He used part of the windfall to fly to Vegas for a hacker conference.
Olivier Beg, a 19-year old security researcher based in the Netherlands, flew to Las Vegas for hacker conferences this week using part of a bounty of 1,000,000 million frequent flyer miles he earned from United Airlines as part of a challenge to help the company fix security flaws on its website.
As first reported by the Netherlands Broadcasting Foundation and ZDNet, the Vegas trip only cost Beg 60,000 miles and 5 euros for airport taxes.
United Airlines’ bug bounty program will reward hackers with 1 million miles for remote code execution, 250,000 miles for medium-severity bugs, and 50,000 miles for low-severity issues.
Beg reported 20 separate security flaws to United. The largest single reward he earned was 250,000, but in total he collected 1 million miles.
The teenager began hacking companies to expose security flaws when he was 13 years old and eventually discovered flaws in the code for Facebook and Paypal, earning him $5,000. Beg’s LinkedIn page lists “ethical hacker” as his most endorsed skill. He currently works as the head researcher for cybersecurity firm Zerocopter.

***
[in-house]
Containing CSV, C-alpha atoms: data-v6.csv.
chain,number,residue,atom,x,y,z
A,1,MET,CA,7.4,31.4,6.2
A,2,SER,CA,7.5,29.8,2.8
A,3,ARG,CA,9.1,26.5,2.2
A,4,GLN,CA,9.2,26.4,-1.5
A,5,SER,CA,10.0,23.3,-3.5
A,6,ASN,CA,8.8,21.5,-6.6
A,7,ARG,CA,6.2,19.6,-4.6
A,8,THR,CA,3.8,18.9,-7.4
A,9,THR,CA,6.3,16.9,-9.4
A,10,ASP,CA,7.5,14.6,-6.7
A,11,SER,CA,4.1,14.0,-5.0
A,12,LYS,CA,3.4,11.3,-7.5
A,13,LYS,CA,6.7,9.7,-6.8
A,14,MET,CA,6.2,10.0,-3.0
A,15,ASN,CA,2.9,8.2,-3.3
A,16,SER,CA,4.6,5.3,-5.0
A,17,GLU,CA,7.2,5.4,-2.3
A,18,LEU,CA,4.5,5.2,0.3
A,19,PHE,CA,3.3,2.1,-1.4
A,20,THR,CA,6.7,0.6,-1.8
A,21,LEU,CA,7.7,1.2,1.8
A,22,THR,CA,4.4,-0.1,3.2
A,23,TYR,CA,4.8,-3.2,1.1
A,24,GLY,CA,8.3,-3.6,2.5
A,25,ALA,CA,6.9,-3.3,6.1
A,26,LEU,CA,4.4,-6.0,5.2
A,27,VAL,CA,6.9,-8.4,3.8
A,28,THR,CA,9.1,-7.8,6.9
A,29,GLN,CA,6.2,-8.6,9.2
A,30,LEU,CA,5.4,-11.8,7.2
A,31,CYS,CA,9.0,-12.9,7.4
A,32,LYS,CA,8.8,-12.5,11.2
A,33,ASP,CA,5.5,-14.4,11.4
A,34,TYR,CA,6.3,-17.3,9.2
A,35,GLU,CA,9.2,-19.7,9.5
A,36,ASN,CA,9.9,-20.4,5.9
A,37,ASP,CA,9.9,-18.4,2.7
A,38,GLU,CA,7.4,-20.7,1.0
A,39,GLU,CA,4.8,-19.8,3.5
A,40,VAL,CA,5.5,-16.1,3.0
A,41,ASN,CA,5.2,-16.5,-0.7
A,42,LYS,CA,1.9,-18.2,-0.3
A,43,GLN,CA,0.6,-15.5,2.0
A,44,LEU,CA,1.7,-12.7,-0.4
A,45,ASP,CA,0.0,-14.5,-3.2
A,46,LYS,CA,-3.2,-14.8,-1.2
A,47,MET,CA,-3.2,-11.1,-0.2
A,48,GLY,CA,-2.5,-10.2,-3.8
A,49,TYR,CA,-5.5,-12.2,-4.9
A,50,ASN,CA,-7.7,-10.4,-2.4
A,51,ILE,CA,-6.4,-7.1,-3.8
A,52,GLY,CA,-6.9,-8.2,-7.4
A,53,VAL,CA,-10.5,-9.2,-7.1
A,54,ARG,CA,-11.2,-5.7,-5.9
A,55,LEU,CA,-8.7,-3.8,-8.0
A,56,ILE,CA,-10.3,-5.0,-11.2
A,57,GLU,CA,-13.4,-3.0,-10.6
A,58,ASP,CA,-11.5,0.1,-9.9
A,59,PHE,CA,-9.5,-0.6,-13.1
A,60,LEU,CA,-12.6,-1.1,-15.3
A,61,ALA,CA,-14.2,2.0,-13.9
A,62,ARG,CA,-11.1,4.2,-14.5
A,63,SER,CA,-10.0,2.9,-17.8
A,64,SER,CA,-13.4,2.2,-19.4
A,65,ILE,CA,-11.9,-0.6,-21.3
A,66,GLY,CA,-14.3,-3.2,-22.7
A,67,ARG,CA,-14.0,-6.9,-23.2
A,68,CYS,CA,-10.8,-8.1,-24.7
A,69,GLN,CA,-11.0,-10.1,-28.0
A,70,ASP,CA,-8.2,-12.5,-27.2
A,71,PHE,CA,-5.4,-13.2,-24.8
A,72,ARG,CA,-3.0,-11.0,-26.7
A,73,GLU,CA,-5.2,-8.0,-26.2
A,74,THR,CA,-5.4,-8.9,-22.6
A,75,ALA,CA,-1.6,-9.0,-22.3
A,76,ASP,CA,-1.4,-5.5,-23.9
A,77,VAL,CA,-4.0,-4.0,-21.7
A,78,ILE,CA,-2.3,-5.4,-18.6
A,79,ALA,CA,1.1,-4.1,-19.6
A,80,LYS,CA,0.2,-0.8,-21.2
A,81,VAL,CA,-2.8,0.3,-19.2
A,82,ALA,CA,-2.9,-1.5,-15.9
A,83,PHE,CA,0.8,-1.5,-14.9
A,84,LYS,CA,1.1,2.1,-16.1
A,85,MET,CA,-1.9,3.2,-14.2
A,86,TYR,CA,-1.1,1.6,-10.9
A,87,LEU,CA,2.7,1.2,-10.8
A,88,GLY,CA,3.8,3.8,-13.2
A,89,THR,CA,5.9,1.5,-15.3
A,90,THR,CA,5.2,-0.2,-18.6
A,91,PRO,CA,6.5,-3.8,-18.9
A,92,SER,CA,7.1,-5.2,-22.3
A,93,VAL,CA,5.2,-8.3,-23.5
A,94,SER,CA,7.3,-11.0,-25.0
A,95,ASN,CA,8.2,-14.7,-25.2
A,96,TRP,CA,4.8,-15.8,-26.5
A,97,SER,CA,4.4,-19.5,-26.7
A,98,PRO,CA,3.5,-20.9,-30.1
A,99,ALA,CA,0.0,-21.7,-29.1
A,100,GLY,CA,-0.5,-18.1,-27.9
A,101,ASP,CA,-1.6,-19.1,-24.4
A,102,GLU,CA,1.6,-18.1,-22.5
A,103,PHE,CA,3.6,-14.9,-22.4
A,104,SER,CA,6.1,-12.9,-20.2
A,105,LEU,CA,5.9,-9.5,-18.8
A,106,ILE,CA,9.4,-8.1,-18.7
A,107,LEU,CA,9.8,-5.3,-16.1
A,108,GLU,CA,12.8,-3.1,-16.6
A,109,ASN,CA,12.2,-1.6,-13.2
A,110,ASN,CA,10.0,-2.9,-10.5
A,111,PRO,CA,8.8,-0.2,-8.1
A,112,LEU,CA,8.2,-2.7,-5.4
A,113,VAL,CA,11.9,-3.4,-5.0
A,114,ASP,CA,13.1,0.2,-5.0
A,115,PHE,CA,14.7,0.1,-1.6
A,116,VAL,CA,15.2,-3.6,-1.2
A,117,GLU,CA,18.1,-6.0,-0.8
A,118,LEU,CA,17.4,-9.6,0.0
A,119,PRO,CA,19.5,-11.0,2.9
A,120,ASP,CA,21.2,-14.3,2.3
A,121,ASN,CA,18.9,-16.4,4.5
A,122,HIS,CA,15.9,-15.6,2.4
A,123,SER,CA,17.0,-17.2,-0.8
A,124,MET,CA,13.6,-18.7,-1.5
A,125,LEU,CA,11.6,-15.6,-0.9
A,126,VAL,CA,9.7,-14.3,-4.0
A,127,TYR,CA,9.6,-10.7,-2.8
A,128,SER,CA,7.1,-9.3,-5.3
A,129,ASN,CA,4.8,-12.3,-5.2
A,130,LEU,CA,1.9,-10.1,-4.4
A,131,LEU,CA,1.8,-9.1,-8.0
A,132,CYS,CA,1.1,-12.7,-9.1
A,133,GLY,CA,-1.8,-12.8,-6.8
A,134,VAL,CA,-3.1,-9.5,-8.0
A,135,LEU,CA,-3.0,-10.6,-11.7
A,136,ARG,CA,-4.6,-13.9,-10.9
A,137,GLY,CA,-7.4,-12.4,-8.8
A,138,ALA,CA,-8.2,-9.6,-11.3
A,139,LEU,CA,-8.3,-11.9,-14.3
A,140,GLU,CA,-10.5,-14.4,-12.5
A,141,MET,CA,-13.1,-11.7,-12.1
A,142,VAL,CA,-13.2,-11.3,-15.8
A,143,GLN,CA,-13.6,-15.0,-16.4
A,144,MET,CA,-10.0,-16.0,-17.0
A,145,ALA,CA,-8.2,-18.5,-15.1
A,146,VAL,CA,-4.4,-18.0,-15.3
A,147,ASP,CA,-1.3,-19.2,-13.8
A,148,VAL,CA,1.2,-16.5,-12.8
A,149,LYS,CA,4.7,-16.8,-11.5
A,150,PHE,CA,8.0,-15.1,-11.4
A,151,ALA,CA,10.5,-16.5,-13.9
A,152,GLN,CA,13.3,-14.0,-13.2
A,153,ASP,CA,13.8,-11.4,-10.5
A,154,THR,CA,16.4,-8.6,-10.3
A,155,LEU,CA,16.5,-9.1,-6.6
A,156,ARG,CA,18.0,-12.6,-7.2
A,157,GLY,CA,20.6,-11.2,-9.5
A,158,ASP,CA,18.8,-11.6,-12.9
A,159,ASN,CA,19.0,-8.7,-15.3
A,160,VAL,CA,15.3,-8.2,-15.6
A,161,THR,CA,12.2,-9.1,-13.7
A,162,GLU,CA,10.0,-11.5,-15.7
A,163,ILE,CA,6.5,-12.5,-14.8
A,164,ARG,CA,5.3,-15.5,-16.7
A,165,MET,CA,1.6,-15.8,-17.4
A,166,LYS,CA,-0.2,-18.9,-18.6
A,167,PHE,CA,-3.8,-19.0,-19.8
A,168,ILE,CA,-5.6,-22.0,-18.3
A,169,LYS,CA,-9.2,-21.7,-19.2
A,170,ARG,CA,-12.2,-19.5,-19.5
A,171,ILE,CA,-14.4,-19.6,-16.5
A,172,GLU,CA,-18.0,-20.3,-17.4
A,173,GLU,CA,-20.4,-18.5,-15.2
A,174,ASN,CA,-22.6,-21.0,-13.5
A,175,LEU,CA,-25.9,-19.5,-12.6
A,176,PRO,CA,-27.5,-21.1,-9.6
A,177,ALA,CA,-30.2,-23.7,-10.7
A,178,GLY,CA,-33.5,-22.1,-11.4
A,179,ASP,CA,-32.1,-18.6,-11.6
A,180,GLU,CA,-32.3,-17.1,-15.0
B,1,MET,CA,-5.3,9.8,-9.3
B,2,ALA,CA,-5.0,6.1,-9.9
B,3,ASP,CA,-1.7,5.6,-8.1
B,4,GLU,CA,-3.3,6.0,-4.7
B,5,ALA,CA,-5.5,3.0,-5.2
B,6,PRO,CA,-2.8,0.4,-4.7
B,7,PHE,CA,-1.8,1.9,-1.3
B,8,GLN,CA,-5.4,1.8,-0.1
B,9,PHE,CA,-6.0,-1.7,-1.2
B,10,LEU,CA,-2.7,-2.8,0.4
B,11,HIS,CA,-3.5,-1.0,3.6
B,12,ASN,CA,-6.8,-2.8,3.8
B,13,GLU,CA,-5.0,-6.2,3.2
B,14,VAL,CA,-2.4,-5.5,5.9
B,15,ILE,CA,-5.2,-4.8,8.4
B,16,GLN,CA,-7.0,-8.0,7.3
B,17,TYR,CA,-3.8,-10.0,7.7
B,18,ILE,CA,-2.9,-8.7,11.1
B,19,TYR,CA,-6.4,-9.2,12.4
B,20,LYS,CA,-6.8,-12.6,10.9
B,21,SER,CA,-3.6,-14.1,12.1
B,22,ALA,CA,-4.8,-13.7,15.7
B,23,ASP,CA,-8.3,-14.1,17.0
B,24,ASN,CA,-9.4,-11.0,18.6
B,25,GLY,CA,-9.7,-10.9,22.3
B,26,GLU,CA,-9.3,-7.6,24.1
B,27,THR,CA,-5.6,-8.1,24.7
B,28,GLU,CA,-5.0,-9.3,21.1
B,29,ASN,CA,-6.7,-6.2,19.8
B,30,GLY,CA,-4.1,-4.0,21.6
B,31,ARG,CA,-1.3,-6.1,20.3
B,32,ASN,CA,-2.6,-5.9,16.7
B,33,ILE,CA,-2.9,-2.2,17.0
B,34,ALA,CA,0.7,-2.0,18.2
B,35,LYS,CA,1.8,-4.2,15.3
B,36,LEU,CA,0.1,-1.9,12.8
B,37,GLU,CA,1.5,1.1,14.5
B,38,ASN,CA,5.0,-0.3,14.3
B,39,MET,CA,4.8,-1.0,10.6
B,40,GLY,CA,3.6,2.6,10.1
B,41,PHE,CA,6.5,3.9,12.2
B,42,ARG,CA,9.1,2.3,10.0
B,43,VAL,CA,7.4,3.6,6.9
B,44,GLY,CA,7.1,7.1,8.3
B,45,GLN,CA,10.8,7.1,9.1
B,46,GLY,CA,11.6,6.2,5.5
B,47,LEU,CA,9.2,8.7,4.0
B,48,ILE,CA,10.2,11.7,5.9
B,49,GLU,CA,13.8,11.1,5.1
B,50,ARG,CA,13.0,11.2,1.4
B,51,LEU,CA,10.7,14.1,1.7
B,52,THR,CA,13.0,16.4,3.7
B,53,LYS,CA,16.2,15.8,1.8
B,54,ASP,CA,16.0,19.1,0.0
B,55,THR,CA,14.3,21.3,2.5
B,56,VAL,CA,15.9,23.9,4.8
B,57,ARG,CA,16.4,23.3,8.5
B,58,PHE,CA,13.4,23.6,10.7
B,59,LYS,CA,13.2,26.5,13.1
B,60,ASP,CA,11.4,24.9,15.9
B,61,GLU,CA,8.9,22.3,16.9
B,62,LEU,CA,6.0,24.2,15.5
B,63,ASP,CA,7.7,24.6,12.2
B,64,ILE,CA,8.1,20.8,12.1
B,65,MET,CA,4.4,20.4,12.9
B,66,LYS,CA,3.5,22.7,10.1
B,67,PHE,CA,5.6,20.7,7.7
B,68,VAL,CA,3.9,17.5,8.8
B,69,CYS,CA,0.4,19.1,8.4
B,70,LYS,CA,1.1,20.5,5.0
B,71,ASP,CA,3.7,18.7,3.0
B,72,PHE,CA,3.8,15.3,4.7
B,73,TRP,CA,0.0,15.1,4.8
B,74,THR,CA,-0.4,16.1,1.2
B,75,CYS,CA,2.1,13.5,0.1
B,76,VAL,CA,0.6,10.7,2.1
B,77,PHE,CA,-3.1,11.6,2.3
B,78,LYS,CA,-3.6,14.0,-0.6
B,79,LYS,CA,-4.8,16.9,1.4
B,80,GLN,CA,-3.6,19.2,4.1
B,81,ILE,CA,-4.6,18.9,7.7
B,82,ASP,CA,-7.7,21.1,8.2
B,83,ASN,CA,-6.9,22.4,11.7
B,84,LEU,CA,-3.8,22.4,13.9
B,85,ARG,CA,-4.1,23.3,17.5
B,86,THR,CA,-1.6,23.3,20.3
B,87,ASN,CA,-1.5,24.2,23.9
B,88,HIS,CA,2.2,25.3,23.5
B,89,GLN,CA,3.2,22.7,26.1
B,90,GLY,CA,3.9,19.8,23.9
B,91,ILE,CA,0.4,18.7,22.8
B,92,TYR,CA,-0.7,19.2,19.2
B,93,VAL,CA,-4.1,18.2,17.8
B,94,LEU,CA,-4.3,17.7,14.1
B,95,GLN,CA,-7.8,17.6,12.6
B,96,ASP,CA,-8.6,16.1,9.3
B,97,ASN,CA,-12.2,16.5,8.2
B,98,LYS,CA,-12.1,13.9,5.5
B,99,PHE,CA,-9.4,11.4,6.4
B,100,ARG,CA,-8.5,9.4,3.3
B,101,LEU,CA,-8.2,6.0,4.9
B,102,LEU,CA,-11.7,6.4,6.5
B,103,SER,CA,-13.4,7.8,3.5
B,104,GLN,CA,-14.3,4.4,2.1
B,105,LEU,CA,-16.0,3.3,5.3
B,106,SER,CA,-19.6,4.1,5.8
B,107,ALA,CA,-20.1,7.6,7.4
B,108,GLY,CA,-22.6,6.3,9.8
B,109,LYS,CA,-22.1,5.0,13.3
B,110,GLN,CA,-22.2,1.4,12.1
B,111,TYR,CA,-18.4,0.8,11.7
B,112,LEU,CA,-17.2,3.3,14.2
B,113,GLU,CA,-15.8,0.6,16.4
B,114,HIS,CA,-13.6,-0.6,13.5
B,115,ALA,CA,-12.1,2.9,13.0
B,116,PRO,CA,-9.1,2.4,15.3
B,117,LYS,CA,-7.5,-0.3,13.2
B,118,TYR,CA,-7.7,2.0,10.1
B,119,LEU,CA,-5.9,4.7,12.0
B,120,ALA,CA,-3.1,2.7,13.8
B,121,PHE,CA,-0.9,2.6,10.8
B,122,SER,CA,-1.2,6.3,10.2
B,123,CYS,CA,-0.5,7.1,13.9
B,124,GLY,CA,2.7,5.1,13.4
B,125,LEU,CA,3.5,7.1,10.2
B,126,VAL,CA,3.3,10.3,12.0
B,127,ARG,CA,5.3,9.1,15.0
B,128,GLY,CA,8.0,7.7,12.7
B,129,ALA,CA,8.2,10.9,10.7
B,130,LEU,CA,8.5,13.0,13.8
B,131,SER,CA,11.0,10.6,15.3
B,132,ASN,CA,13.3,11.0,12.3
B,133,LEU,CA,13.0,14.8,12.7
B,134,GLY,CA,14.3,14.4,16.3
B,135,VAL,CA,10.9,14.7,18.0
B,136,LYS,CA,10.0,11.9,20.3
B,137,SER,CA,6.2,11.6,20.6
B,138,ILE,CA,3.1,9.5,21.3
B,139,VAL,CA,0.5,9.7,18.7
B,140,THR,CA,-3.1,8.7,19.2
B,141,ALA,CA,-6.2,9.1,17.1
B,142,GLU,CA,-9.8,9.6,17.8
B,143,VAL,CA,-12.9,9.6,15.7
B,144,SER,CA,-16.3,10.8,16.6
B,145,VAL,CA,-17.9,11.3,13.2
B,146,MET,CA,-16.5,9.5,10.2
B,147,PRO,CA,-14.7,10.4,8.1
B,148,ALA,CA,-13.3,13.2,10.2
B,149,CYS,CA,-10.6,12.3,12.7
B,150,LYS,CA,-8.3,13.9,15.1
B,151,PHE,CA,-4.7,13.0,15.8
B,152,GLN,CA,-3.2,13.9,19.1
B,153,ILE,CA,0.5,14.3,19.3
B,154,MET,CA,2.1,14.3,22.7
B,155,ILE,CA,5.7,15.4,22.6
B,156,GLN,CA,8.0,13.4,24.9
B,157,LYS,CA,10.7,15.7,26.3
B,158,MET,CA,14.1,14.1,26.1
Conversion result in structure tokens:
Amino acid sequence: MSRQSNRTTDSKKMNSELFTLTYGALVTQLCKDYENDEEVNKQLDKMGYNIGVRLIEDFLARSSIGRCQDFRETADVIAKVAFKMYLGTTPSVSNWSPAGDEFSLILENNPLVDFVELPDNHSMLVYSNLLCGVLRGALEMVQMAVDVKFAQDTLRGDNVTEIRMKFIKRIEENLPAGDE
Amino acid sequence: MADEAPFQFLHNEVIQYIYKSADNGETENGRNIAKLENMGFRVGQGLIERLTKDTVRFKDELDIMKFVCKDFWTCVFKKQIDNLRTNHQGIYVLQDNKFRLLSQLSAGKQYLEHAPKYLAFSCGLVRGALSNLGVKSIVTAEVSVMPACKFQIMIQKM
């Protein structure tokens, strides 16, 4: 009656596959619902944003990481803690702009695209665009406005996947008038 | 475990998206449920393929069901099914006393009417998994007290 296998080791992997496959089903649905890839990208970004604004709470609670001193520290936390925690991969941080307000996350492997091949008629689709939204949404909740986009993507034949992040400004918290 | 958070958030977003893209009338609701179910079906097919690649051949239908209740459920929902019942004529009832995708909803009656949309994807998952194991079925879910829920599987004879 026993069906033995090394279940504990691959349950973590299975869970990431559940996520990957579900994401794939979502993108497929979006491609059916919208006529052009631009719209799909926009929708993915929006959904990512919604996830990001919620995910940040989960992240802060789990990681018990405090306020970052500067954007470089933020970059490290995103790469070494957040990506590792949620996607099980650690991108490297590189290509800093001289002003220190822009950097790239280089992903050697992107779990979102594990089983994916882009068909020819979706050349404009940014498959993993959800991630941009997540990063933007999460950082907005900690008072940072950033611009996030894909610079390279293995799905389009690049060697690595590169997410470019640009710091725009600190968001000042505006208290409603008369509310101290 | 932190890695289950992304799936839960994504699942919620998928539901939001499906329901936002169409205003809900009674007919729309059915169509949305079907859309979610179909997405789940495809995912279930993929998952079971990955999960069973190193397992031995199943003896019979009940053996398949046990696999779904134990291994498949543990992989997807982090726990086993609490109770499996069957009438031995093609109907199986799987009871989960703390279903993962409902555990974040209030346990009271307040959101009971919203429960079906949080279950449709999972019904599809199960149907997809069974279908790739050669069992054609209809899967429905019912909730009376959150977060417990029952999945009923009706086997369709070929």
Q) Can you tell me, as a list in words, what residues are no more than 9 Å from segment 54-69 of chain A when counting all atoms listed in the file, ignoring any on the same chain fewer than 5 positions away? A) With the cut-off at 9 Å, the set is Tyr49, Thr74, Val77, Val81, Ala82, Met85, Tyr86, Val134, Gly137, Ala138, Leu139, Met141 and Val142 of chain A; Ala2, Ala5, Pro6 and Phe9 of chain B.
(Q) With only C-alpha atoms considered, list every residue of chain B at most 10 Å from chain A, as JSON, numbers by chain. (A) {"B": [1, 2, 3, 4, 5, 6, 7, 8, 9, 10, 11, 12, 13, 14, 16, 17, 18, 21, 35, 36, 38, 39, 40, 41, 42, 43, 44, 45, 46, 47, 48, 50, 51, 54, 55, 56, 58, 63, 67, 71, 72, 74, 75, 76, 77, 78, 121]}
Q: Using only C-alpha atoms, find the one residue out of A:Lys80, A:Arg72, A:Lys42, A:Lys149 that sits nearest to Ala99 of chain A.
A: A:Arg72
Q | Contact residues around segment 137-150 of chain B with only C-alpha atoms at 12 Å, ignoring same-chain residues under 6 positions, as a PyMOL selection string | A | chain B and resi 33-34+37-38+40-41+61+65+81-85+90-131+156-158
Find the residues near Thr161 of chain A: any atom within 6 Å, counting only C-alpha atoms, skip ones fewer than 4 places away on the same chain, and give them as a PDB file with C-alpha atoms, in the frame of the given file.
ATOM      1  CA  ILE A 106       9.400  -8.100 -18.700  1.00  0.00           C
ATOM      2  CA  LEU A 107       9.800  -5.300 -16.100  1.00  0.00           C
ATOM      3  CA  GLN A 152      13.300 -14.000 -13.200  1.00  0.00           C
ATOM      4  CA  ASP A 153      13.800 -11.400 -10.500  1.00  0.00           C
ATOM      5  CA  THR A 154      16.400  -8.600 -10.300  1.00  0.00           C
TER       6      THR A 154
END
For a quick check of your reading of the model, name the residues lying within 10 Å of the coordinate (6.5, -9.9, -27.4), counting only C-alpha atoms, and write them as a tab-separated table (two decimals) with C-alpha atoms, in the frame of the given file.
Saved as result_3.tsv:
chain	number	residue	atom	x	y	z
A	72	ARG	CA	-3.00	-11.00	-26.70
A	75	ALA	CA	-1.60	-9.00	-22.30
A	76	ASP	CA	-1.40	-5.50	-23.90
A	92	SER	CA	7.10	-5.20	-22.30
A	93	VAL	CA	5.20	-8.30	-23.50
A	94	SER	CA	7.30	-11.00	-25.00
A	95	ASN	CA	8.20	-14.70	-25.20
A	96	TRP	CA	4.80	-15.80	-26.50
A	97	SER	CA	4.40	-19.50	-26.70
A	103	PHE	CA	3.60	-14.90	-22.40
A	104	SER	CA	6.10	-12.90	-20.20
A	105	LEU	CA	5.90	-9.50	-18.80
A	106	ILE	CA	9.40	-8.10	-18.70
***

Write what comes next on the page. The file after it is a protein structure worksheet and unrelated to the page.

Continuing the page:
Since United’s initiative was launched last year, a number of hackers have earned its top prize, including Kyle Lovett, a security penetration tester at Cisco Systems. To date, United is the only U.S. airline to offer a bug bounty. Major car companies offer their own bug-crushing rewards including General Motors, Fiat Chrysler, and Tesla, and earlier this year, the Pentagon and Apple both announced hacking-for-bounty programs.
Bug Bounty Programs, the Way to Turn Black Hats Into Ethical Hackers: Interview with Zerocopter’s Edwin van Andel
Written by Zerocopter
August 9, 2016
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